Monday, April 24, 2006

Patience, Impatience, and Armadillos

I've been hard at work in the garden for the past several days and I'm beginning to see some signs that reward my efforts....

First, the value of "no effort", also known as patience. Remember that poor sapling blackgum tree that my 8 month old German Shepherd chewed off a couple weeks ago? Hoping against hope that it might have the life-force to resprout, I've left it in the ground. This weekend it paid me back by putting out 3 side shoots. I've now caged it in with a cheap wire obelisk from Lowe's (to protect it from more interest by Becker) and I have high hopes that it will survive and even thrive.

Survival story #2: I've also been avoiding pulling out another "dead" tree, a 6' tall, multi-trunked yaupon that I mistreated this winter by letting it spend many months in a wheelbarrow while I decided where to (trans)plant it. It survived that trauma with great dignity (if many fewer leaves than it should have had), and we planted it out in a great spot about 6 weeks ago. At which point it promptly appeared to die. The remaining leaves turned deep, dead brown and the tree just sat there. But under the bark still showed green, so I continued to hold out hope. And have been rewarded! There are now many little sprouts up and down the main trunk and on a few of the side branches. I'm sure it will show the memory of its trauma for the rest of its life, through its altered form, but I'm thrilled that it survived. The less than perfect form will just remind me of the lessons in Broken for You, emphasizing the beauty in imperfection and healed brokenness.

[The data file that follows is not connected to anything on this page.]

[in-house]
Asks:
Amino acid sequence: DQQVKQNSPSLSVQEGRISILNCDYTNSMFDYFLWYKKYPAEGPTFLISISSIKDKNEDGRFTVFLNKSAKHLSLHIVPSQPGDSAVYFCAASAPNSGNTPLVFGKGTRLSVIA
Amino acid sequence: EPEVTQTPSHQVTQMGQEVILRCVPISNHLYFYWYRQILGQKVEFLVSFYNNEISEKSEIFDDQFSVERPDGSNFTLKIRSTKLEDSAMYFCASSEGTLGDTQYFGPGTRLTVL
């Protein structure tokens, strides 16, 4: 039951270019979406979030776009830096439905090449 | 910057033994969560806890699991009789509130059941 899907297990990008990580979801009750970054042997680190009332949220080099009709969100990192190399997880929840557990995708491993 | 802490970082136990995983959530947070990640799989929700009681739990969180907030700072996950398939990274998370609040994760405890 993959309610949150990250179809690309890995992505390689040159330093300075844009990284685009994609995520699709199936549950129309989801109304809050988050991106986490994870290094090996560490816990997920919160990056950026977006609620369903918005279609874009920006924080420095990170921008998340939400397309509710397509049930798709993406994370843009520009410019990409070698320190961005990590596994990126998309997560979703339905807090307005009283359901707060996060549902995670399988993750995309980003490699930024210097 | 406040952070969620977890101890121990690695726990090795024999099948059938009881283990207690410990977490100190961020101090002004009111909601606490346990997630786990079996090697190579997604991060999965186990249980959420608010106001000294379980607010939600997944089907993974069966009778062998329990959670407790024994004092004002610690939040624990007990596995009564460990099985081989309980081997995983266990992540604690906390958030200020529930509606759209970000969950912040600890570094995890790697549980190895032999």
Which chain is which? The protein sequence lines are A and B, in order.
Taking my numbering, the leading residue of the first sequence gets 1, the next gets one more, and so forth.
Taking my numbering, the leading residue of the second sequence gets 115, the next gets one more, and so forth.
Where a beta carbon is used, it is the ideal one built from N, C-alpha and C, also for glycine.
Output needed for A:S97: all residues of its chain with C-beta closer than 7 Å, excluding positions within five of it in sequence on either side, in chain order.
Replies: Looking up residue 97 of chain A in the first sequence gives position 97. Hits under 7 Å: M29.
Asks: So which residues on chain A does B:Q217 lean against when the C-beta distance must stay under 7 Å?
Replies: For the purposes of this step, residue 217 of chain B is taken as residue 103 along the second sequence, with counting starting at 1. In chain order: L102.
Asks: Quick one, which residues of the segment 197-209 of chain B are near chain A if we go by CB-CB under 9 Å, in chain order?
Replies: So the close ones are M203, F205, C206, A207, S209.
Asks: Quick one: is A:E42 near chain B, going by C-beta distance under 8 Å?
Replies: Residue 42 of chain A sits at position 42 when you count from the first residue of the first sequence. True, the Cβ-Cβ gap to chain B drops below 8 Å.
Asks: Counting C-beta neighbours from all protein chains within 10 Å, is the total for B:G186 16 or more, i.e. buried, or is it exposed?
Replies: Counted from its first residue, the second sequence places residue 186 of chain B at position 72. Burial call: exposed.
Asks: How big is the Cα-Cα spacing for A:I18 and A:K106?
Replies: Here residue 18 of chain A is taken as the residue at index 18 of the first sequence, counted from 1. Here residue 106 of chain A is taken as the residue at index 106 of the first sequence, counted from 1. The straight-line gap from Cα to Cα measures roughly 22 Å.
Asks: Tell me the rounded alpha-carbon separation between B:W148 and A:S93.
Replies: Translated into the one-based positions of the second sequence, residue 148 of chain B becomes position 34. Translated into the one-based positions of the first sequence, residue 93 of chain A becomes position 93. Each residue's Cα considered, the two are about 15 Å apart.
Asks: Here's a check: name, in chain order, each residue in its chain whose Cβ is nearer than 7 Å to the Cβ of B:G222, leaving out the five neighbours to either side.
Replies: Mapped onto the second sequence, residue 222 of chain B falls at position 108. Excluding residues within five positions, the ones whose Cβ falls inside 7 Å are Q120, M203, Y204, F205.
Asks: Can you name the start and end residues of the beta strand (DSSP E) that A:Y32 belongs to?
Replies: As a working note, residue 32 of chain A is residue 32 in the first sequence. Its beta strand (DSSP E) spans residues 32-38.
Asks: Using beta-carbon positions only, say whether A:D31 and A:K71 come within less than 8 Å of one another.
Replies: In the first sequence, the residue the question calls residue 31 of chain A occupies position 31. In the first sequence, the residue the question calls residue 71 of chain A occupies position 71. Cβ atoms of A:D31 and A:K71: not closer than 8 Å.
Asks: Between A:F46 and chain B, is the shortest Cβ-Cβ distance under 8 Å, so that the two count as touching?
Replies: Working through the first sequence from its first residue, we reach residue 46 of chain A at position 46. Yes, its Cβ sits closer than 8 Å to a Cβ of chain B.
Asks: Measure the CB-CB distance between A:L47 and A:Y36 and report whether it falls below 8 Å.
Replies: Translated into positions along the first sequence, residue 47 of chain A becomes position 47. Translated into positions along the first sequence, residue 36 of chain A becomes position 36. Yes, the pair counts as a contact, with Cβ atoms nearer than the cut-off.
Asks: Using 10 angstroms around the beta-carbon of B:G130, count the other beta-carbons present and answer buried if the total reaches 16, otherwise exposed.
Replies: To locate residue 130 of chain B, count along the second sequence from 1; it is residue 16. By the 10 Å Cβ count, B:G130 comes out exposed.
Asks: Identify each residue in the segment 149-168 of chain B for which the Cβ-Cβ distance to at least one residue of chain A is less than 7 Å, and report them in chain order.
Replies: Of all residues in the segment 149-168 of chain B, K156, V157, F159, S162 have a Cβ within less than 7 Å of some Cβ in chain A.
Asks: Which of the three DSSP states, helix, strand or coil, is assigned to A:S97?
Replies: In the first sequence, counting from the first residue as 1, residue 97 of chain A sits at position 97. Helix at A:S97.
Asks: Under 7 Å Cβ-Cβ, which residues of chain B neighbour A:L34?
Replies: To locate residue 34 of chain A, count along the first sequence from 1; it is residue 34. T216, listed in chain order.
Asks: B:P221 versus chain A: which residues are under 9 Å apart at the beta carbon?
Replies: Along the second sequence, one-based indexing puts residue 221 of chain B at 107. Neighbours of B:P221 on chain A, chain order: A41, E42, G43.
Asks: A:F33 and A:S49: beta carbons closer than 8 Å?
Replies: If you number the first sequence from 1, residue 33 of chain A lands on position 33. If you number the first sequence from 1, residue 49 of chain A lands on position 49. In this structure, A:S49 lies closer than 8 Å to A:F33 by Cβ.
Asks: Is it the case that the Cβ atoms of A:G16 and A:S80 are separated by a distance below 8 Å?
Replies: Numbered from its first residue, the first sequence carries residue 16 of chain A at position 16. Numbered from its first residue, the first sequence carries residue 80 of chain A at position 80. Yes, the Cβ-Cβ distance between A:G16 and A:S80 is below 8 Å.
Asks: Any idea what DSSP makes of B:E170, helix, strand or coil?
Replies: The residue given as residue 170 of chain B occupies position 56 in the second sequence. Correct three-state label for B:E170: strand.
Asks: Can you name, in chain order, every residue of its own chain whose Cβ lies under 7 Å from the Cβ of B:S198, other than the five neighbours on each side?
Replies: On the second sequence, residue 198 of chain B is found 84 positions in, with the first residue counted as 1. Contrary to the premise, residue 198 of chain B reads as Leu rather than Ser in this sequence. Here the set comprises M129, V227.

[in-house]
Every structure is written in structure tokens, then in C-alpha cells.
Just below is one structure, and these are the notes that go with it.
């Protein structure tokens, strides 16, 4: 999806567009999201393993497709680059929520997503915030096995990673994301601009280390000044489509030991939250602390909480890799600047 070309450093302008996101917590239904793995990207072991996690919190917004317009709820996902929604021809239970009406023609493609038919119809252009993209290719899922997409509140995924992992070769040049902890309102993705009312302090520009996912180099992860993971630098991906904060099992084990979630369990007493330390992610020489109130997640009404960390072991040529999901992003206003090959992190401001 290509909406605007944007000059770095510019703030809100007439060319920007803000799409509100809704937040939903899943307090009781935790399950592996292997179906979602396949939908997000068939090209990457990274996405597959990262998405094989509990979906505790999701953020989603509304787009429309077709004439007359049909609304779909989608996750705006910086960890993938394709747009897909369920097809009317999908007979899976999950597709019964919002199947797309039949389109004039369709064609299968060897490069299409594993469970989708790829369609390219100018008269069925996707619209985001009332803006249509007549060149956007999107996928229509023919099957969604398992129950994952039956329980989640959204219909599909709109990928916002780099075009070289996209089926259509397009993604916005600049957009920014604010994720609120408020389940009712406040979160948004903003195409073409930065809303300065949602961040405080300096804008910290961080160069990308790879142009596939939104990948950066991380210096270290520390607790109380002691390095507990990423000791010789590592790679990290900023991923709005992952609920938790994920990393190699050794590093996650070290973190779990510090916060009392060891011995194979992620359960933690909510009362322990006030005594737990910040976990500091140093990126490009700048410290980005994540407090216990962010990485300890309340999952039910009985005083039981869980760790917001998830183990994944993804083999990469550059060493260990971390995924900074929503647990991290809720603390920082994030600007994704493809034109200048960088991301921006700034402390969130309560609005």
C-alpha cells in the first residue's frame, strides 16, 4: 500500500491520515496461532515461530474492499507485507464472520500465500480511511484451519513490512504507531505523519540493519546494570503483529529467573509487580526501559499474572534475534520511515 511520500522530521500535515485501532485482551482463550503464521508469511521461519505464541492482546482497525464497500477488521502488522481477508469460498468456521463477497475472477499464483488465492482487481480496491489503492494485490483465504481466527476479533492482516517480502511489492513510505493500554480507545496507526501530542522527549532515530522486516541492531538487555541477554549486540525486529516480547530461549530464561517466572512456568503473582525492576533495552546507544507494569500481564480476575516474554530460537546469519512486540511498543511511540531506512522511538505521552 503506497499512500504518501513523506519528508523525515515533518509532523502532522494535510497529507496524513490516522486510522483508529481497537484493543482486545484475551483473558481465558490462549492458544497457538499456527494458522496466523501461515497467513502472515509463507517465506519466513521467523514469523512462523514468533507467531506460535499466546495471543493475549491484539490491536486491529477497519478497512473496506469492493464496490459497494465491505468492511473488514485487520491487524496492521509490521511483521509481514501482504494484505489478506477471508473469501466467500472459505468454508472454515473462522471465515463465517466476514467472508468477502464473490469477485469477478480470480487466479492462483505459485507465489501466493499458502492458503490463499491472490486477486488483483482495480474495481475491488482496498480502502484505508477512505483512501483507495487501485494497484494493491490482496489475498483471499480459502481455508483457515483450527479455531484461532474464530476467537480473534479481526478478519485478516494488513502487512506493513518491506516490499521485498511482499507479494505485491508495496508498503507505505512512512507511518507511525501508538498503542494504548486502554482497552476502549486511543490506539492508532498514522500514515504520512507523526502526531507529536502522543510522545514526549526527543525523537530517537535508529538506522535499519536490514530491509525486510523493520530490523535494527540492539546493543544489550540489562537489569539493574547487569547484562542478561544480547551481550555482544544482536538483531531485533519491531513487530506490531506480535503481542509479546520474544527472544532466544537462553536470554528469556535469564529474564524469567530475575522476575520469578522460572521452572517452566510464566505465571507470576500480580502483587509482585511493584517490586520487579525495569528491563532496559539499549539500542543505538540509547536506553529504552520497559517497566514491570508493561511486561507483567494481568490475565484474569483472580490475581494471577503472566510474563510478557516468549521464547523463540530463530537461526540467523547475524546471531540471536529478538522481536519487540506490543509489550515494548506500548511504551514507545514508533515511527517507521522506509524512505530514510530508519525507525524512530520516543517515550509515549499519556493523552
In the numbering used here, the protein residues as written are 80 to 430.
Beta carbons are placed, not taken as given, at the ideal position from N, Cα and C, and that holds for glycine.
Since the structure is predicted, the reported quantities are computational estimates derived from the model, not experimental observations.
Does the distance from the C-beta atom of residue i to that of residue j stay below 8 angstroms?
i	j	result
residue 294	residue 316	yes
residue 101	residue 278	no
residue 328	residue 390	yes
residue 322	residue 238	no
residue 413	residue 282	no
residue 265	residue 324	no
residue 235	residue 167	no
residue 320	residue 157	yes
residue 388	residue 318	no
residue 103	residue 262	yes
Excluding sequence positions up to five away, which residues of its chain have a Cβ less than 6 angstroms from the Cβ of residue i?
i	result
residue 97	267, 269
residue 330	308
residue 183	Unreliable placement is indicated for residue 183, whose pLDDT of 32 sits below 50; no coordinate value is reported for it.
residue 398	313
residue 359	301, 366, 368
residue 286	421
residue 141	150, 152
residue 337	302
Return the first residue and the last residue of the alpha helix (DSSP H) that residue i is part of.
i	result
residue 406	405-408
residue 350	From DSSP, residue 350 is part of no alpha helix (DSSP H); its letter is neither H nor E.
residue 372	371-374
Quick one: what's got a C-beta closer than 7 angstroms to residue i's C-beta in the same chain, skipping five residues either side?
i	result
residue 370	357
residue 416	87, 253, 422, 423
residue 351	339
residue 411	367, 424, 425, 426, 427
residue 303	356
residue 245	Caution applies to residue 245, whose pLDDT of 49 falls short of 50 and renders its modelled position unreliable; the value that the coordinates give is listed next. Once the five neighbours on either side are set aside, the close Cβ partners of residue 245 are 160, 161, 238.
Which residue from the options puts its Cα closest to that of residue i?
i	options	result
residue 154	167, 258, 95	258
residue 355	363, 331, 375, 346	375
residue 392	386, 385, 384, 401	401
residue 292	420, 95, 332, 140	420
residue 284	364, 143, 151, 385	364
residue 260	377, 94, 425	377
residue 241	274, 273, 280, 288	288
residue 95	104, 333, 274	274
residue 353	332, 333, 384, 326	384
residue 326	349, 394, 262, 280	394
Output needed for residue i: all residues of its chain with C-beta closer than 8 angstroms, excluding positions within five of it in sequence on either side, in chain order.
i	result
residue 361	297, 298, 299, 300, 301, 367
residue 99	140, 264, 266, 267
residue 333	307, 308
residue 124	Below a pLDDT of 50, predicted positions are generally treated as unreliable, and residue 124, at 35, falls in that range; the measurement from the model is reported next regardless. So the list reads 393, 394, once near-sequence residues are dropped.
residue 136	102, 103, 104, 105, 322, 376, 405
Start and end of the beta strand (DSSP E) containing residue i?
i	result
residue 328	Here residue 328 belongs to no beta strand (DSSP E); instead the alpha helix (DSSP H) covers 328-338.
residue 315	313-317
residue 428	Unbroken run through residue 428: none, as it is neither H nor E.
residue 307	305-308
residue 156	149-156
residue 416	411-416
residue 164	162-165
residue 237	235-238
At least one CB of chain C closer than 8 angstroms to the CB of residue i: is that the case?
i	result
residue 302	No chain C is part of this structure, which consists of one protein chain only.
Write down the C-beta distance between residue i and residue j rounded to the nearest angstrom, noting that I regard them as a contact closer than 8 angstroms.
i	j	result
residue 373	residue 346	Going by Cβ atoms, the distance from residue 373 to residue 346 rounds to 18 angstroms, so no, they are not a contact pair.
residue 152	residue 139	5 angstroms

So those are my "patience" lessons. Sometimes impatience wins out though. I attacked the Artemesia again this morning, carefully digging deep into the soil and sifting out every remnant of root I could find. For over an hour. Until at last my rapidly blistering hand and increasing blood pressure and temperature ruled the day. Deciding that 2 square feet cleared was not a good value for time invested, I vowed to remove every last photosynthetic surface and starve the sucker out. So that's what I did. Whether it will be a successful way to remove such a tenacious plant remains to be seen, but it sure looks better right now. And I feel a whole lot better too.

Speaking of my blood pressure going up, it's also armadillo season. Each spring an army of the pesky mammals seems to invade the garden, digging deep and massive holes in the lawn and under a lot of my favorite plants. After several days of filling in the holes and hoping that the plants weren't too badly damaged, I took pre-emptive action last night and barricaded up my drainage holes under the back fence. It seems to have been effective, as I didn't see any new damage this morning...but now I have to remember to take down the barricades before each rain.

Which reminds me that Darwin, Australia, is being pummeled by a major cyclone today. Here in the U.S. it would be called a Category 5 hurricane, with sustained winds of 180 mph and gusts to 220 mph. My stomach clenches at the thought. I wonder what this year's hurricane season will bring to us....

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